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BWW Blog: Zoom Tech Week Tips and Tricks

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Doing a show over Zoom is challenging, but nothing could have prepared me for the tiring and hilarious process that is a tech week over Zoom.

Hello folks! Sorry that it's been a while, but I've been very busy! Namely, tonight we open my University's production of The Women by Clare Boothe Luce. I'm playing a bunch of roles in an ensemble track, and the whole process has been an exciting, Zoom-filled blast.

Doing a show over Zoom is challenging, but nothing could have prepared me for the tiring and hilarious process that is a tech week over Zoom. While having rehearsals run 10 am-6 pm is certainly the norm for the weekend before a show, being on a Zoom from 10 am-6 pm was nothing short of exhausting. But, I lived to tell the tale, and you will too. Here's how I did it. 1. Snacks

If you're like me, you always have protein bars and a few baggies of snacks packed for tech. You never know when you'll have a quick 5 minutes to eat, so it's always good to have something on hand. At AU, we have a tradition of setting up a tech table, a potluck backstage that everyone contributes to. People bring anything from a bag of chips to a whole cake. One of my castmates once brought a crockpot full of homemade chili! Sadly, there was no tech table this year via Zoom, so I made my own mini version. 2. Stretch

Zoom is exhausting, especially for hours on end, as could easily be the case in a start-and-stop process like a cue-to-cue. When you're not being used, turn off your camera and do a quick stretch and move break. Do some quick jumping jacks, roll down vertebrae by vertebrae and just rag doll for a bit, or even just lay down on your back and do some breathing exercises.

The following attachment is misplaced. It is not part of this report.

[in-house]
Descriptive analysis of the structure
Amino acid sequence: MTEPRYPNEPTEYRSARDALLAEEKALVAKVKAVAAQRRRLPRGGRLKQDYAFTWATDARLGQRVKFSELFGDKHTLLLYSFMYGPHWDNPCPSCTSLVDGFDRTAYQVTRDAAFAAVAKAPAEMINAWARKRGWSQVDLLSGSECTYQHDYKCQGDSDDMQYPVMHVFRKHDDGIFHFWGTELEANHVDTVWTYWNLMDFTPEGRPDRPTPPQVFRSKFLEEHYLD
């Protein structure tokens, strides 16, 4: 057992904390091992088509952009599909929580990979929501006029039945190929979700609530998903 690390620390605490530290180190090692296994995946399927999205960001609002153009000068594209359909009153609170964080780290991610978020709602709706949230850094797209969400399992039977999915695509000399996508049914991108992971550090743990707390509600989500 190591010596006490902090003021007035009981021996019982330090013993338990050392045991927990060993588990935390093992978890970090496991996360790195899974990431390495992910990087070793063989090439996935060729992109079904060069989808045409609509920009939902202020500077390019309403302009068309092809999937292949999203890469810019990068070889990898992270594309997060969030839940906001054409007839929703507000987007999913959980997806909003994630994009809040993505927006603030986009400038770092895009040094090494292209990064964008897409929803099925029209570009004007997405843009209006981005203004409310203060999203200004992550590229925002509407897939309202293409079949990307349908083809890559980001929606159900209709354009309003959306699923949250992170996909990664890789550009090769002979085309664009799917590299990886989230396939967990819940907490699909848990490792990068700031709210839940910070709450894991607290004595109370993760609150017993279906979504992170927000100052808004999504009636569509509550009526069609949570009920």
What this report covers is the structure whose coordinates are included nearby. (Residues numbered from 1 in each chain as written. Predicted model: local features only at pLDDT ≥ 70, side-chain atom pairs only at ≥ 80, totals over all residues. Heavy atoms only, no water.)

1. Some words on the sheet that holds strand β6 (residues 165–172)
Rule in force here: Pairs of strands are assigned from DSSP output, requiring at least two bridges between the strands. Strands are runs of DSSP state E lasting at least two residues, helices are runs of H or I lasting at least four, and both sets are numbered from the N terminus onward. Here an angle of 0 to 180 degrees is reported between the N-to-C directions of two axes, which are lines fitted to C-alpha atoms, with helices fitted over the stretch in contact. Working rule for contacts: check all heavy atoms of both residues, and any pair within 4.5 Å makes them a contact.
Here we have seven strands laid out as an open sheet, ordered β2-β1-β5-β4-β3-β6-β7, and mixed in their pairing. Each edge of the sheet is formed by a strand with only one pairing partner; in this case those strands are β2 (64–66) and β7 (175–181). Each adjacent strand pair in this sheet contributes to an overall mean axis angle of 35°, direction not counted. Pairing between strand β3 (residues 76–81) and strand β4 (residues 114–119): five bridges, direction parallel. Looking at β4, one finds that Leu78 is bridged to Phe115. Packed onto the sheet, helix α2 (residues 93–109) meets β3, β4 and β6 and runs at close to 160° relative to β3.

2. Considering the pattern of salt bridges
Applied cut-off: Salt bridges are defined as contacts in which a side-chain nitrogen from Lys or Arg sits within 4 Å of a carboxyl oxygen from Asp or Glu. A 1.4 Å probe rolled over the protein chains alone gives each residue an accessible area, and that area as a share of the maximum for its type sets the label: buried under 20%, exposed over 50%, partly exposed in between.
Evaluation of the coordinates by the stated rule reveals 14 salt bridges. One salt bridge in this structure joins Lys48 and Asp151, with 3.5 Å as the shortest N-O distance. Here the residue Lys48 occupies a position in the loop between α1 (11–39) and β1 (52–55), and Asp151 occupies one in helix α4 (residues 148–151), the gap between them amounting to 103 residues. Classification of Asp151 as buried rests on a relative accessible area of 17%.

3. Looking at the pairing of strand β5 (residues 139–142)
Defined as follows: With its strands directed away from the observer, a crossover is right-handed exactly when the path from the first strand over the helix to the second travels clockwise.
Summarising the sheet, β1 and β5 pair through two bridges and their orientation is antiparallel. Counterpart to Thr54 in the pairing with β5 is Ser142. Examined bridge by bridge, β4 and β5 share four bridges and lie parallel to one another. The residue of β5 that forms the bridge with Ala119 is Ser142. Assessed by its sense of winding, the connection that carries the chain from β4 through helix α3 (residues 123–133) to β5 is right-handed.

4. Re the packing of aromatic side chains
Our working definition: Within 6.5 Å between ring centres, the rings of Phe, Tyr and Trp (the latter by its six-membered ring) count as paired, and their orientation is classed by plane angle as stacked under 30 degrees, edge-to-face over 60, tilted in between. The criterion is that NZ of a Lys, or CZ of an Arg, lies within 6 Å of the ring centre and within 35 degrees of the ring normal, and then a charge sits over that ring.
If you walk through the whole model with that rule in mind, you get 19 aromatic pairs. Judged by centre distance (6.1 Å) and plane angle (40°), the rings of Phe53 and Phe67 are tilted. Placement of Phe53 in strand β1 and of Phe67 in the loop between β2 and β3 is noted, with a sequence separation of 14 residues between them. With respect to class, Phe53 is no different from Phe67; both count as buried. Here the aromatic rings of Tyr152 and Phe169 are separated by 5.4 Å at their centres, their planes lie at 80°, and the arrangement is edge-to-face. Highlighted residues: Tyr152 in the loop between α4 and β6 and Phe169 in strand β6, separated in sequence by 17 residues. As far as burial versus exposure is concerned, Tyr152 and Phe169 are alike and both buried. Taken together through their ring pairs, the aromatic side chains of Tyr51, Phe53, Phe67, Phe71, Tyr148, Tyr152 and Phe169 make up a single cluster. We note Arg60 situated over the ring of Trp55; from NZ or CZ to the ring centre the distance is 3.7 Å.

3. Stay Focused

I know that it's tempting to switch tabs during a Zoom, but don't. Stay invested and in the zone for all rehearsals, especially tech. The last thing you want to do is mess up your lighting because your screen lights up your face when you switch tabs or miss an entrance because you were too invested in rewatching Gilmore Girls.

4. Prep for Glitches

As we all have learned this past year, technology has its issues. Video lag, slow wifi, camera permissions, accidentally being muted or not muted. It happens on every Zoom call, and can easily happen during tech or a show. So, prepare. What improvs might you use if your scene partner's screen is frozen? What might your character say to cover? This will make you feel more confident navigating shows for an audience. 5. Keep Energy Up and Bring Joy

I know it's hard keeping energetic without a live audience, but you have to. Think of them out there, several hundred miles away, laughing hysterically at your last line. Or tearing up at your heartbreaking monologue. It may not seem like it in your Zoom performance space, but there are people on the other side, watching, listening, and loving your performance. Odds are, this is some person's first theatrical experience since the pandemic began. You get to return the joy of theatre into their lives. Do not take that responsibility lightly.

I hope that this helps you navigate your own Zoom tech, or at least give you some good tips for navigating Zoom in general. Now if you'll excuse me, I have to go get into costume. Well, the top half of one anyways.

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